With President Trump and congressional Republicans promising to repeal or replace parts or the entirety of the Affordable Care Act (ACA), emergency medicine stakeholders are making sure lawmakers know what provisions in the law must remain intact, and what new reforms are needed. They also are urging emergency medicine clinicians to stay informed on the issues, and to advocate for their interests.
- The American College of Emergency Physicians (ACEP) wants to ensure that emergency services remain essential covered benefits, and that freestanding EDs and other emerging healthcare delivery models are supported.
- Although ACEP calls on lawmakers to preserve Medicaid, Medicare, and the Children’s Health Insurance Program, the organization is less than satisfied with the insurance products offered on the ACA exchanges. The organization wants lawmakers to address both the affordability and transparency of coverage options.
- The Emergency Nurses Association calls for an expanded role for advanced practice registered nurses in both primary and emergency care, and it wants more action to improve access to mental healthcare services.
Healthcare is once again the subject of a political tug-of-war, with President Trump and congressional Republicans signaling plans to repeal and replace parts or all of the Affordable Care Act (ACA). On the other side are lawmakers and other ACA advocates who want the law’s provisions to remain intact.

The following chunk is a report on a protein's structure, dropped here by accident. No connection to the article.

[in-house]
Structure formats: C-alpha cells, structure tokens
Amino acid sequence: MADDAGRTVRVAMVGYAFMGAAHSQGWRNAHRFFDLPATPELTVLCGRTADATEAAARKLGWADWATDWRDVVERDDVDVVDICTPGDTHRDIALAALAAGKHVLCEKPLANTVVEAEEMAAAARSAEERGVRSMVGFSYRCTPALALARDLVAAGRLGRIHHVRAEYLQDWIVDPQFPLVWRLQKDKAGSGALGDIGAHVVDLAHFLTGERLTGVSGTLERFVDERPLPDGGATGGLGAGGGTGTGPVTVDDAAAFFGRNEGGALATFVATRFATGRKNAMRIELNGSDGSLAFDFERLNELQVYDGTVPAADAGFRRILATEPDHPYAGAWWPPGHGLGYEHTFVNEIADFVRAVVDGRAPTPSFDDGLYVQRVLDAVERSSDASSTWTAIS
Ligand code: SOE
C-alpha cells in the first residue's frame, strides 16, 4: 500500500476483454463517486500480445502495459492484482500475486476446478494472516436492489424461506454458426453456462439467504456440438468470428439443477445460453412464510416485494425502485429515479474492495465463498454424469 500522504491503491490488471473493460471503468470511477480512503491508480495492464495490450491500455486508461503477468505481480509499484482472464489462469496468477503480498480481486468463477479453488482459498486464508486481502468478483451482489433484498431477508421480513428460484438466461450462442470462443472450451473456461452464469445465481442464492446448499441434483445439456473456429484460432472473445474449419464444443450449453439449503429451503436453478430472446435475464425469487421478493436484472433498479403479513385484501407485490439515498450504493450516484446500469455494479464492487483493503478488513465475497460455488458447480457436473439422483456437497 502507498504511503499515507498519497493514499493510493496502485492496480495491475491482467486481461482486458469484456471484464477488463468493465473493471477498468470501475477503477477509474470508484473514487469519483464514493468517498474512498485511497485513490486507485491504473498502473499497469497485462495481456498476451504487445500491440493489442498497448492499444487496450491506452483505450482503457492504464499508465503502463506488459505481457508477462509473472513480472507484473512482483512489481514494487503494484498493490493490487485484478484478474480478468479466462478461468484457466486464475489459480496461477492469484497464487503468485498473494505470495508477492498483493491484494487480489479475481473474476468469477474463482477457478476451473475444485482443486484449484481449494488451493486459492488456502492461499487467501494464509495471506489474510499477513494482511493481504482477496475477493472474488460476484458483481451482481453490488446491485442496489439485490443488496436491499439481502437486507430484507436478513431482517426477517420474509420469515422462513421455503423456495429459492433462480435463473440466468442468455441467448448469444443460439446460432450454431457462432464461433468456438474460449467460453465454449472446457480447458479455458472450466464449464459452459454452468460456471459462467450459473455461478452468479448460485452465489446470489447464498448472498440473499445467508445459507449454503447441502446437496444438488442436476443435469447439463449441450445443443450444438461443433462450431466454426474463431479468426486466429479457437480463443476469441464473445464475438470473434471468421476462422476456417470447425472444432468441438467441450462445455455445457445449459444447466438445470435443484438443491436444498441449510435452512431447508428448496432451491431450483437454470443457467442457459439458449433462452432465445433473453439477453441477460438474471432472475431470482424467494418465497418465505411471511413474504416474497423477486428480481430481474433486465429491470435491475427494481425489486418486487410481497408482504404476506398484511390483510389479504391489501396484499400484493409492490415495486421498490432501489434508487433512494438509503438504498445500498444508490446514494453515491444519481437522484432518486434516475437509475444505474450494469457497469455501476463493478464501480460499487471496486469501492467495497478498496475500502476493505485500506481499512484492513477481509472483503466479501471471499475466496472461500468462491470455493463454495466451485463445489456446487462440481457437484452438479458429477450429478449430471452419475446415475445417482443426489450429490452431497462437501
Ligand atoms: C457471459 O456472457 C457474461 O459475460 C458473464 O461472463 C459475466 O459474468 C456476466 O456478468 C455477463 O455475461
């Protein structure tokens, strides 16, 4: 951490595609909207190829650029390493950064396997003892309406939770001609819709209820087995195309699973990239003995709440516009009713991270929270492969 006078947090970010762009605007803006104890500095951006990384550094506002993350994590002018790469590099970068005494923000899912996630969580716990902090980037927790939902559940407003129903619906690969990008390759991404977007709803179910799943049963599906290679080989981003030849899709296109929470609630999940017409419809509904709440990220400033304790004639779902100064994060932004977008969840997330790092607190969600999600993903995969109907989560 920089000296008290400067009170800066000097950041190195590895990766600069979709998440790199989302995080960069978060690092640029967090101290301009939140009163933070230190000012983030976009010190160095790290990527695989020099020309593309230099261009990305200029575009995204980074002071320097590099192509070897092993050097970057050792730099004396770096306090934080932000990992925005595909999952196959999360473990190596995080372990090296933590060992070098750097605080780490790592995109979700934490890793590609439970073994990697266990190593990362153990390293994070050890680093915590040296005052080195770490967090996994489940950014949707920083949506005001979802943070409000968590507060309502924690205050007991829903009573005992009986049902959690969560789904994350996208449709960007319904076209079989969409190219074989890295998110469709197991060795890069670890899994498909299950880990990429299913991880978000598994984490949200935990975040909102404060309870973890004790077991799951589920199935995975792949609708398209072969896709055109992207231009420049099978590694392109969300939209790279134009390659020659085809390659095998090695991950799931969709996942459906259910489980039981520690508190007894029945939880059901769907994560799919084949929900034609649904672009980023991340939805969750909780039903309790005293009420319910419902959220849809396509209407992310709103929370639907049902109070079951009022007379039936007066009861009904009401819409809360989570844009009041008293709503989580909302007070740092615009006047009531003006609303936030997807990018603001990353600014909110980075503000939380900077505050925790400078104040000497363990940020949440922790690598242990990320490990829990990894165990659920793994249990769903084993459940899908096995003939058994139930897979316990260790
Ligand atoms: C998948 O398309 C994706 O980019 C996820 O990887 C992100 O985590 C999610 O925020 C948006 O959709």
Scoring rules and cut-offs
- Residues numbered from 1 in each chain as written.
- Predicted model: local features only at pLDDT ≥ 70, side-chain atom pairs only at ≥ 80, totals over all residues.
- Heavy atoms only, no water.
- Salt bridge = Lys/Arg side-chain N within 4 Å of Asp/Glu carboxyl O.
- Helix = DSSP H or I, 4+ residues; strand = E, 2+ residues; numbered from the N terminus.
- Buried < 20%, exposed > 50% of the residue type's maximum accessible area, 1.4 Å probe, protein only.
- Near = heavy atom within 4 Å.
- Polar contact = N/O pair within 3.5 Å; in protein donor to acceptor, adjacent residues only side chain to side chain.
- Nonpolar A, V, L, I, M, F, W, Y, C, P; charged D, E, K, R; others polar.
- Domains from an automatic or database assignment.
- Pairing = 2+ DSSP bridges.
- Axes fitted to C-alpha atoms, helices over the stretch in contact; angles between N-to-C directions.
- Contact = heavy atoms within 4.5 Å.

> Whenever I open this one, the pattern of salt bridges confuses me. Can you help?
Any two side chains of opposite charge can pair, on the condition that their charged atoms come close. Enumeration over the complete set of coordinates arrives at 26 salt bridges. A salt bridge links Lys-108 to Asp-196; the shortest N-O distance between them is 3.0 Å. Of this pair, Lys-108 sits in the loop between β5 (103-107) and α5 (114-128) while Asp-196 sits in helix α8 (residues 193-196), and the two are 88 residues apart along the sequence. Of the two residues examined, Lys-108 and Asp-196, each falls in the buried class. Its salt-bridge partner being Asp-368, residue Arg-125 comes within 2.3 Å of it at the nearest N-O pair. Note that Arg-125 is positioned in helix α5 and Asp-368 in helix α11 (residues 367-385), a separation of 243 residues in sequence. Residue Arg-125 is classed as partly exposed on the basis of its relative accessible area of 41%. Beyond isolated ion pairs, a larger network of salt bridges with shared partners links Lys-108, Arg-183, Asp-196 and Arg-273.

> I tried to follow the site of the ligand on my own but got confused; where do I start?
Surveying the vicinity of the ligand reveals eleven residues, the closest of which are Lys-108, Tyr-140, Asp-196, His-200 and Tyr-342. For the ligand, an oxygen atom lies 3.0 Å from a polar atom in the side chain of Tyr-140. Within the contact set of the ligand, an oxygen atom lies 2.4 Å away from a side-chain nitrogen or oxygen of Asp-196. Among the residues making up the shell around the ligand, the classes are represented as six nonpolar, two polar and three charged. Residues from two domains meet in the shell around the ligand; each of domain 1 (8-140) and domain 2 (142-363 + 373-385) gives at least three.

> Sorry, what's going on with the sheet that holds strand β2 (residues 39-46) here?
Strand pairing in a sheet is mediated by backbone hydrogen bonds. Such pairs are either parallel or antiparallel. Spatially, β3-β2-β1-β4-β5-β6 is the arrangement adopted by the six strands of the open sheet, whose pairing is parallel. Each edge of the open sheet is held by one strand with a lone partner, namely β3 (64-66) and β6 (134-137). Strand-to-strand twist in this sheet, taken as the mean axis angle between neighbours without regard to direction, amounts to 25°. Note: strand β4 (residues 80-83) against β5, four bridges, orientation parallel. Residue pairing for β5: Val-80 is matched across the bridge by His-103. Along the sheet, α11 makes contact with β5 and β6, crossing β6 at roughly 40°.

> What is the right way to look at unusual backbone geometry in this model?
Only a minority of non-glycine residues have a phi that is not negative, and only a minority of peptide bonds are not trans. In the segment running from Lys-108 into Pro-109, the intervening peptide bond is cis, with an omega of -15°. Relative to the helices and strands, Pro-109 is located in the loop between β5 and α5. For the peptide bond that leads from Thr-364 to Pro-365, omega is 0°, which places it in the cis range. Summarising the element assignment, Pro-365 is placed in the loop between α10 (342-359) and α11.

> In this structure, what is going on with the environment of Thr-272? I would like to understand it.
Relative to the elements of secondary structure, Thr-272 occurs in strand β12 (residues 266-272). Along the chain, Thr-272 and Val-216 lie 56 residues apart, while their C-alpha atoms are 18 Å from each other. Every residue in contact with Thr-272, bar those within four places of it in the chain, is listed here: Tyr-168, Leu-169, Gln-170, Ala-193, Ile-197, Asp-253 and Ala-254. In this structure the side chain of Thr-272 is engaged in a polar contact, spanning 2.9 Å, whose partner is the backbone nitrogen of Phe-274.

With guns fully loaded on both sides of the issue, it’s unclear just how or even whether the law will be altered to a significant extent, but it is hard to underestimate the stakes for emergency medicine. Indeed, leaders of both the American College of Emergency Physicians (ACEP) and the Emergency Nurses Association (ENA) have outlined their legislative priorities. Leaders of both groups are urging their members to familiarize themselves with the intricacies of the law and get actively involved in promoting their interests.
ACEP President Rebecca Parker, MD, FACEP, stresses that it is vitally important that emergency services remain as a covered benefit under any insurance plan. “In the ACA, emergency services are one of the 10 essential services, and we believe it is crucial for that to continue,” she says.
Parker adds that the Prudent Layperson definition of an emergency needs to continue as well. “If someone thinks he is having an emergency, he should be able to seek emergency services without being worried about being denied [insurance coverage] on the back end,” she says. “We don’t want patients with chest pain worrying about whether that is covered. We want that to be a par-for-the-course service.”
Further, ACEP wants to make sure that any alteration or replacement of the ACA recognizes the importance of freestanding EDs as well as other emerging models of healthcare delivery. “Freestanding EDs are an innovative way to offer access to care in new places that may not be large enough yet to require a hospital, but do have a need for emergency or outpatient care,” Parker says.
Other examples of healthcare delivery innovation Parker would like to see supported in any new legislation include telemedicine solutions to deliver or coordinate care and the expanding use of paramedicine for follow-up or ongoing care to patients after discharge from the hospital. “We have some members in that space, and they are showing some remarkable improvements in care, including decreases in readmission rates,” Parker observes. “Those types of approaches are common sense and are good ways to improve care that our members are exploring.”